Greg Craven is an American high school science teacher and climate change author. The creator of a 2007 viral video on YouTube, he is the author of the 2009 book What's the Worst That Could Happen?: A Rational Response to the Climate Change Debate.
Craven grew up in Silverton, Oregon, and graduated from the University of Puget Sound in Tacoma, Washington. In 2007, when he was a science teacher at Central High School in Independence, Oregon, Craven posted the nine and one-half minute The Most Terrifying Video You'll Ever See on YouTube. The video presented a simplified version of risk management using a 2x2 grid to sketch out possible scenarios based on: a) whether we choose to take action or not, and b) whether global warming turns out to be a threat or not. Using the grid, Craven concluded that taking action to combat climate change was the better choice, given the relative risks.
In the first six months online it garnered four million hits, and prompted Craven to spend six weeks creating 44 follow up videos totaling over seven hours detailing specifics of risk management applied to climate change. Craven's conclusion was that "the risk of not acting far outweighs the risk of acting." Craven was the focus of some media attention, was named "Featured Teacher" by WIRED Science, and received criticism by climate change denialists. In 2009, Craven published the book What's the Worst That Could Happen?: A Rational Response to the Climate Change Debate.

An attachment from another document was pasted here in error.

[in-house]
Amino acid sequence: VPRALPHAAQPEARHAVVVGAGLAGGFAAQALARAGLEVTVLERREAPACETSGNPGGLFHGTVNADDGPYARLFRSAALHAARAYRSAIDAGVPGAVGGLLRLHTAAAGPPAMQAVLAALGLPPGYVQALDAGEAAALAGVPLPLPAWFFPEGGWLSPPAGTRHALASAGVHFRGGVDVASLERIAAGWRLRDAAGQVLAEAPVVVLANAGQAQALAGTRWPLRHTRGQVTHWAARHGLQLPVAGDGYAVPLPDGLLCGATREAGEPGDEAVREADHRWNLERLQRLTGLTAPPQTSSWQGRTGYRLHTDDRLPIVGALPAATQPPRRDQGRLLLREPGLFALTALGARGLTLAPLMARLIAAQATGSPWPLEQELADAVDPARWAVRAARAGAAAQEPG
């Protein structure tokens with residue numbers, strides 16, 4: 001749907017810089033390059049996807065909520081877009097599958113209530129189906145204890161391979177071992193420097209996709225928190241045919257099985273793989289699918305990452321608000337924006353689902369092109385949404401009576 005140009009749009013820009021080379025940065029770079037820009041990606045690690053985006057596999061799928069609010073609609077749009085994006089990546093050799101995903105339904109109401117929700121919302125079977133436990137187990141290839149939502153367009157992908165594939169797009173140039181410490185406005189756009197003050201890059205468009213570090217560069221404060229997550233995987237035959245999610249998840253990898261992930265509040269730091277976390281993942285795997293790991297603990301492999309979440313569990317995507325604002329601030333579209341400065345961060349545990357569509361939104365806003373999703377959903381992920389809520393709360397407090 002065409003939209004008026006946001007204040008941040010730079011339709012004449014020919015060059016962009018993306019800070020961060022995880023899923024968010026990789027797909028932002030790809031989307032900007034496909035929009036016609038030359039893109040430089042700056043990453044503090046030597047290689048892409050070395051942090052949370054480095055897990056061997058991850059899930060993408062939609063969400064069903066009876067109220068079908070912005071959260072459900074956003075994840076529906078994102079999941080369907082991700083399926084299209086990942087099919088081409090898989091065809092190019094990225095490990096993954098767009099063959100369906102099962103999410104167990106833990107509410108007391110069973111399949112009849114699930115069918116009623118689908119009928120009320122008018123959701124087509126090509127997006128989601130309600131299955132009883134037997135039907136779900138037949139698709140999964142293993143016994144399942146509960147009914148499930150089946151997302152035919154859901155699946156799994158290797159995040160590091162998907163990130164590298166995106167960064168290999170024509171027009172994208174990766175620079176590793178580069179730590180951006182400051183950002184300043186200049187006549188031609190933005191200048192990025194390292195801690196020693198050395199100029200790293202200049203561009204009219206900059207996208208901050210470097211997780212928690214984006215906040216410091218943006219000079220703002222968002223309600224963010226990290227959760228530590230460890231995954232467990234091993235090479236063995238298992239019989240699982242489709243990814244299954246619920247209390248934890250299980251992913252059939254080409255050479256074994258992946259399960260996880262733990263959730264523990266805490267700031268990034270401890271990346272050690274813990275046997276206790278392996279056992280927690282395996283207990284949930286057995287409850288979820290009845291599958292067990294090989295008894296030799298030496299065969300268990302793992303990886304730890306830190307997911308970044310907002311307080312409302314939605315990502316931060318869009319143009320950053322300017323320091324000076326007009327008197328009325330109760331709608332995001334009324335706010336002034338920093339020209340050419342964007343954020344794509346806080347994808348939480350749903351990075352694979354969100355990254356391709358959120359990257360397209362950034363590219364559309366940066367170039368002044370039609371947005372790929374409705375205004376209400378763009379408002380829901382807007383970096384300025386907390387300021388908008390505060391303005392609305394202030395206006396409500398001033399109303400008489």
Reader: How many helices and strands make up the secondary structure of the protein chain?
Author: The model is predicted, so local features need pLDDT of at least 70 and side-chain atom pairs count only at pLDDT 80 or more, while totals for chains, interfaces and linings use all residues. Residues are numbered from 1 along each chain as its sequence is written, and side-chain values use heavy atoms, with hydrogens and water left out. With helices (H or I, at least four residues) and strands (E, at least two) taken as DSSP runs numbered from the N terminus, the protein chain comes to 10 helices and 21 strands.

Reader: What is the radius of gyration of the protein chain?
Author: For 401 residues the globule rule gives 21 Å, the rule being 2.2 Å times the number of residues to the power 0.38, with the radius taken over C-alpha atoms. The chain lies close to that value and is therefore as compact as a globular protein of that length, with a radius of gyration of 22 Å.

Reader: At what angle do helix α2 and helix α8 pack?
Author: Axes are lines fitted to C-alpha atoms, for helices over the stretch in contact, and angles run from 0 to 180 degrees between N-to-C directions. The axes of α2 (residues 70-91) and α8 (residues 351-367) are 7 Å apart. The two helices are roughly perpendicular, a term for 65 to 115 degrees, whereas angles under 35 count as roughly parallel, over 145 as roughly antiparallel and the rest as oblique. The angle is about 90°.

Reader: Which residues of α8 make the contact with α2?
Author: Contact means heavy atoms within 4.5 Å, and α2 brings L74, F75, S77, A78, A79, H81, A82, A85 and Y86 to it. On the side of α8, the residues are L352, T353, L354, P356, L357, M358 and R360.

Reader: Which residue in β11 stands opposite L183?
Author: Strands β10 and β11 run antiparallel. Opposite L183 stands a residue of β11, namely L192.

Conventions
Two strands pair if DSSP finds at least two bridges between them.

At the annual Fall Meeting of the American Geophysical Union (AGU) in 2010, Craven delivered a speech (and subsequent comments during a panel discussion) exhorting the climate science community to become personally involved in the public debate over climate change. Craven's comments caused some negative attention in denialist climate blogs, which argued that Craven was "the face of the 'New AGU.'" This prompted Craven to publish a clarification taking personal responsibility and emphasizing that his remarks were in no way associated with the AGU organization or its official view.